There's a point some people keep missing here. There are around 80 seperate creditors invloved and they would all have to agree to a debt for equity for it to be viable a option. Otherwise, the creditors who don't take part would be the first to get paid in a disposal of assets. Also for a debt for equity swap to have value, it would require the company to be listed and traded because price discovery can only happen with a traded stock. Furthermore, I find a debt for equity for the purposes of a sale rather pointless. Right now the creditors pretty much own the company, meaning if they're looking to sell they can do so without any debt for equity swap and without a listing. If they could find a buyer willing to pay circa 4Billion and take on the 2.1Billion debt into the Newco then it would work. Or some other variation depending on how much money they can recover. This would, in any case, wipeout shareholders. The funny thing is, That's not what the administrators are alluding to. When they talk about looking to equity markets that means working with exisiting shareholders. I'm sure we'll know more come the 20 Apr after the meeting between all creditors.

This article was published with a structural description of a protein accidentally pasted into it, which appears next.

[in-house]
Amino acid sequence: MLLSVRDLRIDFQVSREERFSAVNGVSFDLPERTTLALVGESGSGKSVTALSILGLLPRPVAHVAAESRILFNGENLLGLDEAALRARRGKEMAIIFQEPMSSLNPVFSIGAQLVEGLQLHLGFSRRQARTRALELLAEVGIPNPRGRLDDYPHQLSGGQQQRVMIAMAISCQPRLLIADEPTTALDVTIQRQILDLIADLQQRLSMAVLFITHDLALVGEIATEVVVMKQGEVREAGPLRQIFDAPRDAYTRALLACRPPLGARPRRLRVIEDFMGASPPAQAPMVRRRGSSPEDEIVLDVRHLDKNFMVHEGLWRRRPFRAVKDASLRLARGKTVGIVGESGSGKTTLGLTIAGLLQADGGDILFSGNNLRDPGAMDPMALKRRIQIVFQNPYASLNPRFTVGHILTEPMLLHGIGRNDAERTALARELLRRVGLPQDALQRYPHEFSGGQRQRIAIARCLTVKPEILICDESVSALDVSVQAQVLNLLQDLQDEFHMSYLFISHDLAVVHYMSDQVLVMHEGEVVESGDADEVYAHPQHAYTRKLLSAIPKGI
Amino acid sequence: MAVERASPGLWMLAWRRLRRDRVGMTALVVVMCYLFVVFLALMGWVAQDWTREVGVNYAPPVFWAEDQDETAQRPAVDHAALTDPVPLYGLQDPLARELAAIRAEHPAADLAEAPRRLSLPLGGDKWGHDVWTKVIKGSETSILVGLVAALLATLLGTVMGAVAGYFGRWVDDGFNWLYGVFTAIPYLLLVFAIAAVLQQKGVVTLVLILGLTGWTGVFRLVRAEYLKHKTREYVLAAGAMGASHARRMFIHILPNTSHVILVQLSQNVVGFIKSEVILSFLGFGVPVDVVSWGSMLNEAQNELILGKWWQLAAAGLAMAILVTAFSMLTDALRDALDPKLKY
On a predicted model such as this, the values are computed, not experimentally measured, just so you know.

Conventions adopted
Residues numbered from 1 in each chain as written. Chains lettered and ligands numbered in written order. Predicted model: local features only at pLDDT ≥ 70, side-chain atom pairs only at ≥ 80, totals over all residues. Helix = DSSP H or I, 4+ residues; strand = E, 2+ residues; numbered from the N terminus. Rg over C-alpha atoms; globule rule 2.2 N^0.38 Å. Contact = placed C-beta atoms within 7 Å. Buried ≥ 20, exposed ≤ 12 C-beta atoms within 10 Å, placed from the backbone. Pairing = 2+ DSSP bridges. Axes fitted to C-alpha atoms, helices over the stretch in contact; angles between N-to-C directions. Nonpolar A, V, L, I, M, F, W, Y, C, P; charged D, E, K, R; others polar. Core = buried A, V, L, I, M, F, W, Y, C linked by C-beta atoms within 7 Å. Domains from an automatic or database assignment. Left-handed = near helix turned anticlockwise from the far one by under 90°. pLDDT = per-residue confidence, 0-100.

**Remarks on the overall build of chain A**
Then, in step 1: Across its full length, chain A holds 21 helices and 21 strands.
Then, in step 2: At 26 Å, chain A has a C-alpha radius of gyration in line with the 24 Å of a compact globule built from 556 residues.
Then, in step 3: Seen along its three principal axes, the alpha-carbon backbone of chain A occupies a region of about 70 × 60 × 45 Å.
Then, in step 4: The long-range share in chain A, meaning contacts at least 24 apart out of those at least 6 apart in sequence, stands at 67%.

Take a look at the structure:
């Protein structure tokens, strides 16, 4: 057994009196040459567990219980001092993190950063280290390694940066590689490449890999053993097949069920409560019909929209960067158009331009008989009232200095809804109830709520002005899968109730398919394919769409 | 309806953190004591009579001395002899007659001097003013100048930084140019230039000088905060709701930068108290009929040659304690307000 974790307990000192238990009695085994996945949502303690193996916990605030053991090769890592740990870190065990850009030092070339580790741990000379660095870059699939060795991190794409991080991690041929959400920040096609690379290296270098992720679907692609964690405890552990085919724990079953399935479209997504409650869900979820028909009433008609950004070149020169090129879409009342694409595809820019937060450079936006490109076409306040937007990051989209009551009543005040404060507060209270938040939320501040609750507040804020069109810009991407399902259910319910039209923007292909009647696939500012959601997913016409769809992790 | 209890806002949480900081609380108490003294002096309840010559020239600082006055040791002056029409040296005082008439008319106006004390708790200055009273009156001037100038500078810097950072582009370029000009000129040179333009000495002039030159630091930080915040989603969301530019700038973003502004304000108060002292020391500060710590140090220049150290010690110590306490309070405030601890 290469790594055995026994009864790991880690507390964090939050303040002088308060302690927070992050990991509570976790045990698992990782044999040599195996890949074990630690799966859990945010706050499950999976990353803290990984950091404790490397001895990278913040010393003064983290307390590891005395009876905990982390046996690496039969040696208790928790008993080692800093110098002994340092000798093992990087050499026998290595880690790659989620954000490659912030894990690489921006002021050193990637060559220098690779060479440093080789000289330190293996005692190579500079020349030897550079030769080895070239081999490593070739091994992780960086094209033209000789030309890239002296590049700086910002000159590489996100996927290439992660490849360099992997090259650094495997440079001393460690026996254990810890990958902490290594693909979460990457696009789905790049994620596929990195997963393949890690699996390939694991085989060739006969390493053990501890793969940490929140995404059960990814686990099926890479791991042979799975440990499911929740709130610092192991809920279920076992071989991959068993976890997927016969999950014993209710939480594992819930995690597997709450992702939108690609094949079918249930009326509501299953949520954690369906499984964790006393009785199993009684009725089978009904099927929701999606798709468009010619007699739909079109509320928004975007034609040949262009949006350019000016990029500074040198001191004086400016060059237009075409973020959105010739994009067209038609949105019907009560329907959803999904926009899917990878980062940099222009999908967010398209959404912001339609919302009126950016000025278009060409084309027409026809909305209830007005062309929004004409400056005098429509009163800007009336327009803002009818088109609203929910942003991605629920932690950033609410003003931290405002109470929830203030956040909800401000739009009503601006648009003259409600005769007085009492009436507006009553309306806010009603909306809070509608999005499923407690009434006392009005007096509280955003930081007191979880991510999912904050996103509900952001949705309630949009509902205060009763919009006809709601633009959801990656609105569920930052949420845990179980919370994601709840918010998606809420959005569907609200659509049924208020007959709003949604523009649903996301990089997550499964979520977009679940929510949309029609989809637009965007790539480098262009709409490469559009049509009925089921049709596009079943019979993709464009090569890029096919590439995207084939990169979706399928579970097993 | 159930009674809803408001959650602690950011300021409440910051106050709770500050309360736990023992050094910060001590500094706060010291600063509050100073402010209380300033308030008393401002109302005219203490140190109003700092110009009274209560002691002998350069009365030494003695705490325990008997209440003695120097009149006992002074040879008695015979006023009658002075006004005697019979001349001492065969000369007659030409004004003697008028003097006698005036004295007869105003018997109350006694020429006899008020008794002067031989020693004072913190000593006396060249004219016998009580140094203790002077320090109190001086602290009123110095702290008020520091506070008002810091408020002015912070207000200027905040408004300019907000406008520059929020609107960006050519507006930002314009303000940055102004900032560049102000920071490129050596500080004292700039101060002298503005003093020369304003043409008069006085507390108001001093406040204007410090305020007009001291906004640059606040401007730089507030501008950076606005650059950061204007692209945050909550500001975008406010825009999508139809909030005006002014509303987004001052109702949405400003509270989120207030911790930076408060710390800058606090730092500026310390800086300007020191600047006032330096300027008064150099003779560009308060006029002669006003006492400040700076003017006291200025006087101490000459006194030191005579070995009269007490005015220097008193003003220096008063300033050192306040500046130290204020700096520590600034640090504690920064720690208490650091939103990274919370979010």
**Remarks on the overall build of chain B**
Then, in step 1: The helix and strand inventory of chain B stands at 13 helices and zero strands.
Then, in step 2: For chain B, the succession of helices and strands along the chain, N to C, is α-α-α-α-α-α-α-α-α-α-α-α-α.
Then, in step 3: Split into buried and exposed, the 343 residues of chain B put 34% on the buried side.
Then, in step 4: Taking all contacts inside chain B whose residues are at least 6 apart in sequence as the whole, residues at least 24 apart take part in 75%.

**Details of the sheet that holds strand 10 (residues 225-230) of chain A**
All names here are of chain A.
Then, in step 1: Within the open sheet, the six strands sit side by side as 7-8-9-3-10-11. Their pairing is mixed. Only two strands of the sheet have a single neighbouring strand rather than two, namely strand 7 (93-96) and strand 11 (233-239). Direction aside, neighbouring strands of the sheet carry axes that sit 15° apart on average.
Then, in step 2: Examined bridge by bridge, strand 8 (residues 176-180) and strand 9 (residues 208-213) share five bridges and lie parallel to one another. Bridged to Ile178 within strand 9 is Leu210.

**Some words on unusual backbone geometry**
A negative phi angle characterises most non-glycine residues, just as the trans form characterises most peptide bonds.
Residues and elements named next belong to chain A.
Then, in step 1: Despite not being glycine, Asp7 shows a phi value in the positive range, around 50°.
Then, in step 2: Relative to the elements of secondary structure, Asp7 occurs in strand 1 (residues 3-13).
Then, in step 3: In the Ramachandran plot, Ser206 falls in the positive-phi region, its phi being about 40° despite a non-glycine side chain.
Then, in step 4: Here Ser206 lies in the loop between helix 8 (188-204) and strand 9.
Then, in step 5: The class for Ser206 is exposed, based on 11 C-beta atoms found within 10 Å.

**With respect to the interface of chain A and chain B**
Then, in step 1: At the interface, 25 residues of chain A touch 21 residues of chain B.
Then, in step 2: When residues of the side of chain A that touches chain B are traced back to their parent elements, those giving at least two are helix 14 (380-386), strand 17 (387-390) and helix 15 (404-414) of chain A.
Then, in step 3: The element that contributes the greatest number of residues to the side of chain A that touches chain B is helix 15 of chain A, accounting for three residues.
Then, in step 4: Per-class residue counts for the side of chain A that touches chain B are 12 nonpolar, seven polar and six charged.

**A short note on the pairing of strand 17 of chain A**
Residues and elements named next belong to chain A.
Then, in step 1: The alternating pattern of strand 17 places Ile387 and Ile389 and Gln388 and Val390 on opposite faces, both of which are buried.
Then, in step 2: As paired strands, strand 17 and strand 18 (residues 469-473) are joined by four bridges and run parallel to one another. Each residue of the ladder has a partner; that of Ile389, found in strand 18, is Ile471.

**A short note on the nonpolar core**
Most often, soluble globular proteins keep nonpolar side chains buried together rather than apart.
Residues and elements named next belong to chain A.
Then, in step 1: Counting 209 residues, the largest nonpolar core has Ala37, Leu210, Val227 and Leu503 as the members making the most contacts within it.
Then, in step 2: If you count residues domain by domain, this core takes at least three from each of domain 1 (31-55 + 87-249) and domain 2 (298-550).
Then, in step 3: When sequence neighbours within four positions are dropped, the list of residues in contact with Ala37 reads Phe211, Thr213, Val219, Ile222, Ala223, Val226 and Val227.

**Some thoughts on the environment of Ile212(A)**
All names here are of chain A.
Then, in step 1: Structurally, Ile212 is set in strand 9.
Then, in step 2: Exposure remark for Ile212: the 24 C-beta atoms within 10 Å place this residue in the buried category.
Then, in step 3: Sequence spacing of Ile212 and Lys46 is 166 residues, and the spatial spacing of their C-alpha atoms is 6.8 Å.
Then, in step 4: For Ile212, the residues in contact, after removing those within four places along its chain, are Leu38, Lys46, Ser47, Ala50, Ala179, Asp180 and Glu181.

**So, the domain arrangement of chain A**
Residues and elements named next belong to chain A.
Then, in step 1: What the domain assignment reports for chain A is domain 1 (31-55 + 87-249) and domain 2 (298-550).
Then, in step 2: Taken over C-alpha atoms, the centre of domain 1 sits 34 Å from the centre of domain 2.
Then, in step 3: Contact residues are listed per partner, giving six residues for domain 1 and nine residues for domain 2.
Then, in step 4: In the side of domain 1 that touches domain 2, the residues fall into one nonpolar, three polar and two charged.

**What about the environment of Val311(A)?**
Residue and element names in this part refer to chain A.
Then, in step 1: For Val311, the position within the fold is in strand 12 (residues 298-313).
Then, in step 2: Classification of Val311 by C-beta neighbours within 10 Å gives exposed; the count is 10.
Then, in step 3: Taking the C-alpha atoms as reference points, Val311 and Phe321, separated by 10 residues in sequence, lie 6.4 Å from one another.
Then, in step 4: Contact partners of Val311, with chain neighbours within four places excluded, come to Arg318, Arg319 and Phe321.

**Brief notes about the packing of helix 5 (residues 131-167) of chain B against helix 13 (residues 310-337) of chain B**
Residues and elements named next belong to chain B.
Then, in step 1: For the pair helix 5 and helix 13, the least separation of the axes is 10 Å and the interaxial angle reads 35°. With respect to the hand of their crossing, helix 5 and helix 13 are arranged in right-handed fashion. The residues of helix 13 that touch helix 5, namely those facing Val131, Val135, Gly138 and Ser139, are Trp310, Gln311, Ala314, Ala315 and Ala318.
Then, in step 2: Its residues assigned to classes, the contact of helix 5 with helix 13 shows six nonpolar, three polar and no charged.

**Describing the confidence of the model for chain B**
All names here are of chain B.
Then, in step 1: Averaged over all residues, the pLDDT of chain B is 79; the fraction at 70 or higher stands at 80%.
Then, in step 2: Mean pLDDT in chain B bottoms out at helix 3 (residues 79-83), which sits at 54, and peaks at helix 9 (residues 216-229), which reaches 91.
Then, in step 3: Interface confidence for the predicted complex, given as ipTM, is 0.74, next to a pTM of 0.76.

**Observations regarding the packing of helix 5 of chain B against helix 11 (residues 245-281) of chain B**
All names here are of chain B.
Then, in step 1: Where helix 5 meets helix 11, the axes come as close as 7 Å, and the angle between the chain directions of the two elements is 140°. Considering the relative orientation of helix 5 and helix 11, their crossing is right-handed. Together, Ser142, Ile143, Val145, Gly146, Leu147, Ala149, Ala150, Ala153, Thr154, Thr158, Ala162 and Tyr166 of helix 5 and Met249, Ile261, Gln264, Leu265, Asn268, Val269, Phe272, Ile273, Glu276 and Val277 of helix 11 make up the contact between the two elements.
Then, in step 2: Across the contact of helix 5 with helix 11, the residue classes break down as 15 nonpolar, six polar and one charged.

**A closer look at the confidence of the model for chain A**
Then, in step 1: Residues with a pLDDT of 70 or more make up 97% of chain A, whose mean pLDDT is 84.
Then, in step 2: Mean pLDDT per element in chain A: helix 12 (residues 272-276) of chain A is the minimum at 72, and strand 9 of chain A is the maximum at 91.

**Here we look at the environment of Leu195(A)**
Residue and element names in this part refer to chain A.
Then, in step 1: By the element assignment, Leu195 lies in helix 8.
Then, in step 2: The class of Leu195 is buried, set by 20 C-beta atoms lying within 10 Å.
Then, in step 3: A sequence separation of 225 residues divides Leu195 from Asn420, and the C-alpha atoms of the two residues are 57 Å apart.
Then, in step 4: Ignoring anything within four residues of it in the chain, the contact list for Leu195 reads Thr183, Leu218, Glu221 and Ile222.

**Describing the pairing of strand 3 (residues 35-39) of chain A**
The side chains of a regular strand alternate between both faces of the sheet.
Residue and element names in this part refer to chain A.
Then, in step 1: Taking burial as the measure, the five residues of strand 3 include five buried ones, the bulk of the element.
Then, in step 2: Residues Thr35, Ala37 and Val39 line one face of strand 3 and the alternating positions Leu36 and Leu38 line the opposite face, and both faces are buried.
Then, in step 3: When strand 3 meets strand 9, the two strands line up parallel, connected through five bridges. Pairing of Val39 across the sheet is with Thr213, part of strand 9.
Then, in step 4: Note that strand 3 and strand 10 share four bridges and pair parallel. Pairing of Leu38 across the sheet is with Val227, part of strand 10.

Just goes to show how incompetent the old board was. The administrators have only been in place for about 5 days and they've already identified those responsible and are going after them. It's no wonder why ADCB lost faith in the old board and brought in administrators. I suspect the old board was sitting on this information for weeks and not acting on it.